The East Village  has traditionally been known for its cheap, Eastern European eateries, where the average main course costs $9–12. Two legendary 2nd Avenue spots are Veselka (144 2nd Ave., at 9th St., 212/228-9682), the place to go for borscht, pierogi, and scrumptious poppy-seed cake and Odessa (119 Ave. A, between 7th and 8th Sts., 212/253-1470), serving heaping platters of Ukrainian food.
The East Village is also known for its inexpensive Indian restaurants, most of which lie along 6th Street between 1st and 2nd Avenues. Panna II (93 1st Ave., 212/598-4610, $7) is one fabulously festive BYOB spot covered in Christmas and chili pepper lights.
Still going strong after many years is Angelika Kitchen (300 E. 12th St., between 1st and 2nd Aves., 212/228-2909, $11), serving the city’s best vegan fare.
Enormous portions and down-home comfort food warm the soul and fill the belly at Mama’s Food Shop (200 E. 3rd St., 212/777-4425, $12).
Two Boots (37 Ave. A, between 2nd and 3rd Sts., 212/505-2276, $11) is known for its first-rate pizza and other spicy fare from the lands shaped like “Two Boots”—Italy and Louisiana.
First (87 1st Ave., at 5th St., 212/674-3823, $18), lined with burnished steel and comfy gray booths, serves an eclectic international fare that’s part Asian, part Mexican, part Italian, and part French.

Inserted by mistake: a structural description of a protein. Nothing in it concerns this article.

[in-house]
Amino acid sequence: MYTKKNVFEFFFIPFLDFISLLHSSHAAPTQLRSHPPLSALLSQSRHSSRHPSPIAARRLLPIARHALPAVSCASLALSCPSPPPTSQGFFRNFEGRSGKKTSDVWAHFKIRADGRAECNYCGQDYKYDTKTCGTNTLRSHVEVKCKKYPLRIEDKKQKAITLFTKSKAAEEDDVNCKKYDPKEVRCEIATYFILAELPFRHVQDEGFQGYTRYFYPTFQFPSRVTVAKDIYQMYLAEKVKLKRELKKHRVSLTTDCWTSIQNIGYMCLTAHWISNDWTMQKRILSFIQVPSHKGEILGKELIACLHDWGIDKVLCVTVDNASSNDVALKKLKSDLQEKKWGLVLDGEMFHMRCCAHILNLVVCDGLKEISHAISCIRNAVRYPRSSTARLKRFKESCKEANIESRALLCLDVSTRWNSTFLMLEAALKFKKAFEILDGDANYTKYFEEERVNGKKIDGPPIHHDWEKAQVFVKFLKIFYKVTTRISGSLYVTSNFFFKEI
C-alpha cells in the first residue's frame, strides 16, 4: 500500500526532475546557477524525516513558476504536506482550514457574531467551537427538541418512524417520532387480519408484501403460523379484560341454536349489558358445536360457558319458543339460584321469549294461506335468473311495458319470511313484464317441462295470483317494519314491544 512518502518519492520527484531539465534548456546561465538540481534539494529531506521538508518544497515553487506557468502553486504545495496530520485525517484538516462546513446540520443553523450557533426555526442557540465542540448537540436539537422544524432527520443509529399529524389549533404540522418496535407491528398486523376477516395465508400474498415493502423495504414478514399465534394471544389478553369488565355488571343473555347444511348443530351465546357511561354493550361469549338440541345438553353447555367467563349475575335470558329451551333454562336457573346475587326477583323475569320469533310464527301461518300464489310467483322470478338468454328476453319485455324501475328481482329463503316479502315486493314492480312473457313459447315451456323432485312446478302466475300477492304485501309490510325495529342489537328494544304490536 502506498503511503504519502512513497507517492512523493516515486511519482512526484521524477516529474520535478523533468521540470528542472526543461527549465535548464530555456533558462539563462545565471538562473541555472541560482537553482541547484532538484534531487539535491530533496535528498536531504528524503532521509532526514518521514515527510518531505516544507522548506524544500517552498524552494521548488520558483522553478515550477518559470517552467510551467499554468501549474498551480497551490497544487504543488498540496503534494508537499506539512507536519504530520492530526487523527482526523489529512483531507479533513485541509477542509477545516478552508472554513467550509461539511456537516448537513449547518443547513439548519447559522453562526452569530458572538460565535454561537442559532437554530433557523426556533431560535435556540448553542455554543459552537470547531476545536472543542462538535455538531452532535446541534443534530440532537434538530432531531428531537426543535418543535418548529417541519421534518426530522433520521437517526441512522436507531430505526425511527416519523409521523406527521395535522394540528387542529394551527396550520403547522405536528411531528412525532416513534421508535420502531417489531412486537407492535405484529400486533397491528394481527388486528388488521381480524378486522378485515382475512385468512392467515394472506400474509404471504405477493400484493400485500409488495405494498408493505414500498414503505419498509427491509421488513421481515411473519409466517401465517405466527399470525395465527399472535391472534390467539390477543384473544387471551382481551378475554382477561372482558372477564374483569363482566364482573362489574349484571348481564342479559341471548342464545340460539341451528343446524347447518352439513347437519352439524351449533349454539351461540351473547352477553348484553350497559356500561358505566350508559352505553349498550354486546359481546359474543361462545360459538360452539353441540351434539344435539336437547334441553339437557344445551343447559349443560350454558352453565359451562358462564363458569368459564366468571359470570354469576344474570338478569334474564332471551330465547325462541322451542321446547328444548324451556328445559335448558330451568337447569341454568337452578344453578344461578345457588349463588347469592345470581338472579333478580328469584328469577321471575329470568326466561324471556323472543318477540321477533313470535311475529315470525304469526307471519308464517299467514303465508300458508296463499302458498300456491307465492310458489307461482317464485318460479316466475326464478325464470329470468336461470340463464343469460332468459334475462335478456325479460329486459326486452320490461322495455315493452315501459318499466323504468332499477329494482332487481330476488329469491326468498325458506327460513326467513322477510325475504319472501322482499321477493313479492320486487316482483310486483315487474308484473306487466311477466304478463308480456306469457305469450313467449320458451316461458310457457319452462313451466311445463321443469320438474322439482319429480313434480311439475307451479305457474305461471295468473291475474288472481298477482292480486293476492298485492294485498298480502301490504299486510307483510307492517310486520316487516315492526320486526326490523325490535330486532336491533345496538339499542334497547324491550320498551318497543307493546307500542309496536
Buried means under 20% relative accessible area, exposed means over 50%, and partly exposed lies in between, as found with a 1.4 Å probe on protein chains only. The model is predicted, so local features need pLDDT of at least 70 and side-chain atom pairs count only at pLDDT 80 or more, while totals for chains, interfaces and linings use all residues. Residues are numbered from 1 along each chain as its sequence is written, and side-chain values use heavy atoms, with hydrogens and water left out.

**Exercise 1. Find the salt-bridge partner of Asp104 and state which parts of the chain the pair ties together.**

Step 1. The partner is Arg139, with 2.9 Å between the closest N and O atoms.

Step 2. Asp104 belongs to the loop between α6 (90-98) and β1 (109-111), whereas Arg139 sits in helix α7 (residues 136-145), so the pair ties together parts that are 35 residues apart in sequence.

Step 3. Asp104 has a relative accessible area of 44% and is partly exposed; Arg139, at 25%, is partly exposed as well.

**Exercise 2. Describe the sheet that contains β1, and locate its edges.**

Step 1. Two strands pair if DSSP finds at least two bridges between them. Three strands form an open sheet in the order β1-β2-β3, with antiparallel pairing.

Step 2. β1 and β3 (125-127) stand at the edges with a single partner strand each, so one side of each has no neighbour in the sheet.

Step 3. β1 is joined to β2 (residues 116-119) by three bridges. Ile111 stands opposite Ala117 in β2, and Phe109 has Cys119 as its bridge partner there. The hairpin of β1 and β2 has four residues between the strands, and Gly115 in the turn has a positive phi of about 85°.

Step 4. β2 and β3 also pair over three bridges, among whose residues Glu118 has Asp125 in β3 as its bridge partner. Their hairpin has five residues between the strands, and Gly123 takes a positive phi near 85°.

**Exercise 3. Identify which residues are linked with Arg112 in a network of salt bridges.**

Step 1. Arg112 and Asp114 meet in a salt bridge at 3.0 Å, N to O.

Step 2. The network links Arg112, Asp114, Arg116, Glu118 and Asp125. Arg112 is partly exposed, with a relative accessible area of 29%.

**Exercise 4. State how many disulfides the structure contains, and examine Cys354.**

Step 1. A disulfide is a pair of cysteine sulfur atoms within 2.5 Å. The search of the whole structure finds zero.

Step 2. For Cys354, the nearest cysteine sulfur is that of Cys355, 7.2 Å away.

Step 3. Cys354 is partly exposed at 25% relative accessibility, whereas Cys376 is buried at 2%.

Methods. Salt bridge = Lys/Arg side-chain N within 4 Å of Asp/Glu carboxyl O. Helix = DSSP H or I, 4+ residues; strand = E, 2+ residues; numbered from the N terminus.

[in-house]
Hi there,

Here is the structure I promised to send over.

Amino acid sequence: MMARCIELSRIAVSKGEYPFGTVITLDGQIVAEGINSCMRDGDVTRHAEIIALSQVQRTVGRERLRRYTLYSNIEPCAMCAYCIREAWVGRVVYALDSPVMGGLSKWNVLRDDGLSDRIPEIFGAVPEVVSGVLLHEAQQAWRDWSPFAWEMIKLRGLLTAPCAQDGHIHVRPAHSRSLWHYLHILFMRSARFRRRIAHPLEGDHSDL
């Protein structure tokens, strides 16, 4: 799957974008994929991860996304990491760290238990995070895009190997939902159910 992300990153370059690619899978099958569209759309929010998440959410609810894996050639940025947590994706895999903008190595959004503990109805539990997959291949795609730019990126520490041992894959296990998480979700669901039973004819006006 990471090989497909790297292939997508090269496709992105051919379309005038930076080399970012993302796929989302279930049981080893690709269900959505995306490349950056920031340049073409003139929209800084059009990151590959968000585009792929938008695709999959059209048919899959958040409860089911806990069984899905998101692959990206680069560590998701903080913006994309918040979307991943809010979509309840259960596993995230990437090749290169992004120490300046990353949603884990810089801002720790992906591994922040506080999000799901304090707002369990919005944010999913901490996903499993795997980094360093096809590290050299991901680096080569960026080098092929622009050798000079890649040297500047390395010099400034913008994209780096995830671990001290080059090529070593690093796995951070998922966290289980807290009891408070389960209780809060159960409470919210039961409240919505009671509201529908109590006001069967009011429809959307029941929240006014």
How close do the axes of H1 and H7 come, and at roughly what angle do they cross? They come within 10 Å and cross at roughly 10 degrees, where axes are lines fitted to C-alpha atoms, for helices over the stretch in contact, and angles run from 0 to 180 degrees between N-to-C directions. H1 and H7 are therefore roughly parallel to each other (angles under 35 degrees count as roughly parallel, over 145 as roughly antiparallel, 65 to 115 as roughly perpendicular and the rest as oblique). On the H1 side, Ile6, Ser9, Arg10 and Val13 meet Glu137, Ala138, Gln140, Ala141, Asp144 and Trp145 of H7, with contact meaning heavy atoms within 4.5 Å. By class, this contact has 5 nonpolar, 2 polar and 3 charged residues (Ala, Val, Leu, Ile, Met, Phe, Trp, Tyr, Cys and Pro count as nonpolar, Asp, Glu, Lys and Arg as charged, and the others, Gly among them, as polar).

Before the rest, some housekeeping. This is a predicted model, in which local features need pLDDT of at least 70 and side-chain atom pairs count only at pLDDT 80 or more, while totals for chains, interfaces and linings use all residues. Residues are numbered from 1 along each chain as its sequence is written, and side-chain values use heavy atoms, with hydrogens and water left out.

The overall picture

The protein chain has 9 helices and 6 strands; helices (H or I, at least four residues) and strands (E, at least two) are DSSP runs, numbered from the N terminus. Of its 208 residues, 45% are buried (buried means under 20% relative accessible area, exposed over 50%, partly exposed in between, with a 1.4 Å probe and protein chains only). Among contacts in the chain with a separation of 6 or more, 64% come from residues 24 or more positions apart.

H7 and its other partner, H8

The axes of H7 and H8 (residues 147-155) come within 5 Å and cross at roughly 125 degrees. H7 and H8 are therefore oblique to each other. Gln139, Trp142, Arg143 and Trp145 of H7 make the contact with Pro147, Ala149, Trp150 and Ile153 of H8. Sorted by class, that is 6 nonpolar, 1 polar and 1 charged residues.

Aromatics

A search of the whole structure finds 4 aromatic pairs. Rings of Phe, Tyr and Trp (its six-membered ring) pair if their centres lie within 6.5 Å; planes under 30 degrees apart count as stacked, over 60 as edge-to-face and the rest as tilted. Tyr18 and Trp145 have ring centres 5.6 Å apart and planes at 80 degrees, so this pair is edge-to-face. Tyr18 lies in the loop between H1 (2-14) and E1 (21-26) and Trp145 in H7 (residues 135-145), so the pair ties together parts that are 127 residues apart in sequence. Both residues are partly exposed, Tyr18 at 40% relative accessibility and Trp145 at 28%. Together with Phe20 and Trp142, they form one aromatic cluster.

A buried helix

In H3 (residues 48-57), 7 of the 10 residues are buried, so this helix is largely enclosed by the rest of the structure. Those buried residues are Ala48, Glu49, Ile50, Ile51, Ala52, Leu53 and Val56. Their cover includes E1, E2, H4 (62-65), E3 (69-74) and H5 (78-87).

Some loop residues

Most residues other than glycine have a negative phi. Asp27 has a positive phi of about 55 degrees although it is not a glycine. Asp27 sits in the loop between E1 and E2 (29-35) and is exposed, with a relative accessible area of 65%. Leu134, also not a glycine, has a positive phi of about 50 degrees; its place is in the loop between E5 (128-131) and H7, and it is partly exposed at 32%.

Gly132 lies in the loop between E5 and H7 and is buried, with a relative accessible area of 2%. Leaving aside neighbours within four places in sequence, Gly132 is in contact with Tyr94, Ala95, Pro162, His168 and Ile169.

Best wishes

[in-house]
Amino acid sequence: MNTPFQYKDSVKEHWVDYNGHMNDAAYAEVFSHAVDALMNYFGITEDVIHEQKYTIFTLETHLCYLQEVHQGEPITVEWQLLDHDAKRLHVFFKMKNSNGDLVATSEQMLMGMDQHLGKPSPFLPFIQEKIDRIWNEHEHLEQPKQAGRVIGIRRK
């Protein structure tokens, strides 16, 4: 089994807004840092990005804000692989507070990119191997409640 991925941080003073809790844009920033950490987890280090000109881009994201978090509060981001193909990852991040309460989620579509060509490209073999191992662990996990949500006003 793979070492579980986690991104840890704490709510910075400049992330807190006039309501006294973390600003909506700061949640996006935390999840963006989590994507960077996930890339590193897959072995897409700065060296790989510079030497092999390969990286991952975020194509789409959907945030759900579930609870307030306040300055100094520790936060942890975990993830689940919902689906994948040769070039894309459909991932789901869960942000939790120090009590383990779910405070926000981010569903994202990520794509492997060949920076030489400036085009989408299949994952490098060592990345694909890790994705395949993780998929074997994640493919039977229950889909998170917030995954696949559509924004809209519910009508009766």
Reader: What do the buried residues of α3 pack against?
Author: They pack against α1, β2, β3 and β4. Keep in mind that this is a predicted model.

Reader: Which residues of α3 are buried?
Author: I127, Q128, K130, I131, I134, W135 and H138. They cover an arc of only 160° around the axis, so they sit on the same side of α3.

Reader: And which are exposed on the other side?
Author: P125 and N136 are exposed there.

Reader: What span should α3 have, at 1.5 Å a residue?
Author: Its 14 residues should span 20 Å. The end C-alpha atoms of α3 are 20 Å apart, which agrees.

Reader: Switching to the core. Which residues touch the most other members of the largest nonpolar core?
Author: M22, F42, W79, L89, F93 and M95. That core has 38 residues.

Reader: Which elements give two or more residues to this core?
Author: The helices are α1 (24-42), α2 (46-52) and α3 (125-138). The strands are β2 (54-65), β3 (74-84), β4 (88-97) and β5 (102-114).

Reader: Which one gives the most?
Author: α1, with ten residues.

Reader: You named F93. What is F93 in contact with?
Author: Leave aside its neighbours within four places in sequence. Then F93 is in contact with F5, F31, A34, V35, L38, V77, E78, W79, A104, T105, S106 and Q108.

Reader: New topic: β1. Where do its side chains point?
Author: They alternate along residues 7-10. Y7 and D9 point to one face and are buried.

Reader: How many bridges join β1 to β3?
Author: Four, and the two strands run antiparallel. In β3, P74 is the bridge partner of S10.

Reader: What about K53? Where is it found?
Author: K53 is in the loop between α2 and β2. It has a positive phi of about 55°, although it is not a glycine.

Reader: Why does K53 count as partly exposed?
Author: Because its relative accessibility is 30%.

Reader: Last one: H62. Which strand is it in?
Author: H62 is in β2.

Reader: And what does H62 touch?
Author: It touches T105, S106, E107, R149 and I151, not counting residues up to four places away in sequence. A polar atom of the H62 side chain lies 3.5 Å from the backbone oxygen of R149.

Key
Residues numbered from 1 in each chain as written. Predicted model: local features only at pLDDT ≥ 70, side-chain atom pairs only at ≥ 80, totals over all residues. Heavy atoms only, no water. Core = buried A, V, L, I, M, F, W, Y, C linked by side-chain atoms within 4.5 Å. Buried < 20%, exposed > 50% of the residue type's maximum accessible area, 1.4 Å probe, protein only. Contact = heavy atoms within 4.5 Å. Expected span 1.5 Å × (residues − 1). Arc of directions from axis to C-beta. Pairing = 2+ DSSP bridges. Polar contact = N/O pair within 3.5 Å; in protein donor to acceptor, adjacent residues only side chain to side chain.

Creative American food with a Mediterranean flair is the specialty at Five Points (31 Great Jones St., between the Bowery and Lafayette St., 212/253-5700, $23), where the menu changes nightly.
One of the oldest pastry shops in the East Village  is the century-old Veniero’s (342 E. 11th St., near 1st Ave., 212/674-7070), featuring classic Italian treats. Across 1st Avenue is De Robertis (176 1st Ave., at 11th St., 212/674-7137), a cheery Italian shop with a handful of tables and wonderful window displays.
The large and friendly Telephone Bar & Grill (149 2nd Ave., between 9th and 10th Sts., 212/529-5000) sports bright red English-style phone booths out front. KGB (85 E. 4th St., between 2nd and 3rd Aves., 212/505-3360) is a former speakeasy now filled with eclectic Soviet souvenirs. Especially popular among writers and editors, it hosts frequent readings and literary get-togethers.
McSorley’s Old Ale House (15 E. 7th St., between 2nd and 3rd Aves., 212/473-9148) is one of New York’s oldest bars, and was once a hangout of New Yorker writer Joseph Mitchell, who wrote of the place in his book, McSorley’s Wonderful Saloon. Inside, find a potbellied stove, old gas lamps, a carved mahogany bar, and pressed tin ceilings.
The elegant Temple Bar (332 Lafayette St., between Bleecker and Houston Sts., 212/925-4242) is a lush hideaway with Oriental rugs and expensive drinks.